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Election Central

Georgia Governor Vetoes Religious Liberty

Georgia Gov. Nathan Deal speaks during a press conference to announce he has vetoed legislation allowing clergy to refuse performing gay marriage and protecting people who refuse to attend the ceremonies Monday, March 28, 2016, in Atlanta. The Republican rejected the bill on Monday, saying, On Monday, Georgia Governor Nathan Deal announced he would veto a modified version of a religious liberty bill. Some said this bill would discriminate against the LGBT community. For others, House Bill 757 sought to safeguard church, religious schools, and "integrated auxiliaries," allowing them to work out their religion in the public square for the common good. One side cheered, as this was seen as another step towards equality and liberty for all. But the other side lamented because this was the perceived as the continuation of a forced march of intolerant tolerance.

House Bill 757 would have provided shelter for clergy from having to officiate same-sex weddings. It would have prevented faith-based organizations from being forced to hire someone who publicly undermines their mission. Also, it would have also prohibited the state government from discriminating against churches and their affiliated ministries because they believe that marriage is between a man and a woman. What is so striking it that this modified version of the original bill did not offer protections to bakers, florists, and other wedding service providers that have been in the news as oflate. Yet, even this watered down bill did not pass.

Governor Deal found the bill "doesn't reflect the character of our state or the character of its people." Not thinking the bill was necessary, the governor went on to add that "I do not think we have to discriminate against anyone to protect the faith-based community in Georgia, of which I and my family have been a part of for all of our lives." His faith-based community is First Baptist Church of Gainesville, which is a part of the Cooperative Baptist Fellowship—a more progressive part of the Baptist tradition.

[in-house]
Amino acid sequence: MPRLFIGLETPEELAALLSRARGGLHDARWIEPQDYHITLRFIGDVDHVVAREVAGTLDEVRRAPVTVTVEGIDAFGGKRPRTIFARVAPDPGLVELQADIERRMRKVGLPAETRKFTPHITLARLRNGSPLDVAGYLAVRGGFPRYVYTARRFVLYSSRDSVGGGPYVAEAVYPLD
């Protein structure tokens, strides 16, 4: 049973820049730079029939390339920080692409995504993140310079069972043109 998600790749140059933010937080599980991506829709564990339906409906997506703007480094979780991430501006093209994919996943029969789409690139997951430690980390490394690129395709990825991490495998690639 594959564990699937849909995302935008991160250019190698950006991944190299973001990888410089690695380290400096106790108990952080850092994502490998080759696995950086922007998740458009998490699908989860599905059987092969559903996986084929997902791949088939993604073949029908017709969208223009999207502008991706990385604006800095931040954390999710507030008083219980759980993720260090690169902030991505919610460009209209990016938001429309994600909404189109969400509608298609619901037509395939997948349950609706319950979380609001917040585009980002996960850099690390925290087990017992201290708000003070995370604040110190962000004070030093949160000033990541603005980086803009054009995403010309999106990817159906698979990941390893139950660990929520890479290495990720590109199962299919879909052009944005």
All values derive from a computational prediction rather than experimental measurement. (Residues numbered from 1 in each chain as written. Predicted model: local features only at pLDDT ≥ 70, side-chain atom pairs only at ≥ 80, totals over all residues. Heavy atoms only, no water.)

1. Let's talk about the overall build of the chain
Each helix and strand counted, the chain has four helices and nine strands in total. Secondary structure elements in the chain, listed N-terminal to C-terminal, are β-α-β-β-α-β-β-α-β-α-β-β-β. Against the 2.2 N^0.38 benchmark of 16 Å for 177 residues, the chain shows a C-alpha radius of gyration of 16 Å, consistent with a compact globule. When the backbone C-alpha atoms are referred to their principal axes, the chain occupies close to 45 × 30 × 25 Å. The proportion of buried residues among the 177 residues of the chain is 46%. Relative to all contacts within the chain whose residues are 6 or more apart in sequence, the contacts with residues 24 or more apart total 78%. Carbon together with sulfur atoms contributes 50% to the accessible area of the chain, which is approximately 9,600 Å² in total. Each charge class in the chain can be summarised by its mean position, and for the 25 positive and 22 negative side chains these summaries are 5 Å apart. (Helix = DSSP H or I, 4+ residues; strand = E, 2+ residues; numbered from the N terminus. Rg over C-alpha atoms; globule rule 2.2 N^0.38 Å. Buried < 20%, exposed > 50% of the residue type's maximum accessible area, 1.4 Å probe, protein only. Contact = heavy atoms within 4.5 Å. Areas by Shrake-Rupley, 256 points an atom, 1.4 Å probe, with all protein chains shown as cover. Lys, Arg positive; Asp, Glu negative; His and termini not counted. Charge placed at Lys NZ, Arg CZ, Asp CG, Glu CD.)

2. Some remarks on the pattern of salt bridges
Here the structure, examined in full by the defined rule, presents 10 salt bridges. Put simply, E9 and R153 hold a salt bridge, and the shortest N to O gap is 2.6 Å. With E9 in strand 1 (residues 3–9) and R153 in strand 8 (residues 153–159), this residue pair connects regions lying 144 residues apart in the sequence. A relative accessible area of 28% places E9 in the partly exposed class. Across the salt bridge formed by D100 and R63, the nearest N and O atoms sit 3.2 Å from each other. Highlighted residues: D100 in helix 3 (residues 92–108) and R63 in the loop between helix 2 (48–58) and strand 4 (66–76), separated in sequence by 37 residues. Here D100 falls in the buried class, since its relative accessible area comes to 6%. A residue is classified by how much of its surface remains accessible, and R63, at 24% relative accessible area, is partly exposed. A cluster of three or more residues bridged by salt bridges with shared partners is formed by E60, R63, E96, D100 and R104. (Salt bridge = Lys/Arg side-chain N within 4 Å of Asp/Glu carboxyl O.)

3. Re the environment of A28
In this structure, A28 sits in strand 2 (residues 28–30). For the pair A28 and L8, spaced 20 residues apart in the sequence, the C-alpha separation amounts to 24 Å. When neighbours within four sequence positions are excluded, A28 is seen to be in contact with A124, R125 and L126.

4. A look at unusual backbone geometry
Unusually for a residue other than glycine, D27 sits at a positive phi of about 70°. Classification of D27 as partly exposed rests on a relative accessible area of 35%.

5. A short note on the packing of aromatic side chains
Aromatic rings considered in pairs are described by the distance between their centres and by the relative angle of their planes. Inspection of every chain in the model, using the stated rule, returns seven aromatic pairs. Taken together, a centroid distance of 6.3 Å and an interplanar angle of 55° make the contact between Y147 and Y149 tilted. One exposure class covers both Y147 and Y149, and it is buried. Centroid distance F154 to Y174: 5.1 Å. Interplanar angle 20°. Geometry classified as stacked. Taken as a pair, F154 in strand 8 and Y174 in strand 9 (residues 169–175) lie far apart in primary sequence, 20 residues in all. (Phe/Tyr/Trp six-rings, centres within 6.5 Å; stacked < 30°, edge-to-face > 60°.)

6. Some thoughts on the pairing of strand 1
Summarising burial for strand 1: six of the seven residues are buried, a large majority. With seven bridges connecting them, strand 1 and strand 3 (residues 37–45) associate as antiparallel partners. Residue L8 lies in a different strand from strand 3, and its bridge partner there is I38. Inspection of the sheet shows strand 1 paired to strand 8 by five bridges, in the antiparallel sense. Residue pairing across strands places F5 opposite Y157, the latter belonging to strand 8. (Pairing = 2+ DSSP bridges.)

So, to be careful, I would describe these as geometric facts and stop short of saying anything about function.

The governor concluded that, when it comes to Georgia, religious freedom "is best left to the broad protections of the First Amendment." This, despite the fact that even the federal government determined that it needed more than the First Amendment when it passed the Religious Freedom Restoration Act in 1993. And that twenty other states have adopted their own state religious freedom restoration acts, and eleven more have constitutional religious liberty protections that provide a similar level of protection.

Jonathan Capehart of the Washington Post noted that this should not come to us as a surprise. Governor Deal's public speeches indicated he was theologically and politically leaning this way for some time.

Speaking to a group earlier in March, Deal said, "What the New Testament teaches us is that Jesus reached out to those who were considered the outcasts, the ones that did not conform to the religious societies' view of the world. . . . We do not have a belief in my way of looking at religion that says we have to discriminate against anybody. If you were to apply those standards to the teaching of Jesus, I don't think they fit."

But he went on to say, "I hope that we can all just take a deep breath, recognize that the world is changing around us, and recognize that it is important that we protect fundamental religious beliefs." He added, "But we don't have to discriminate against other people in order to do that. And that's the compromise that I'm looking for."

Deal, in looking for compromise, issued his veto.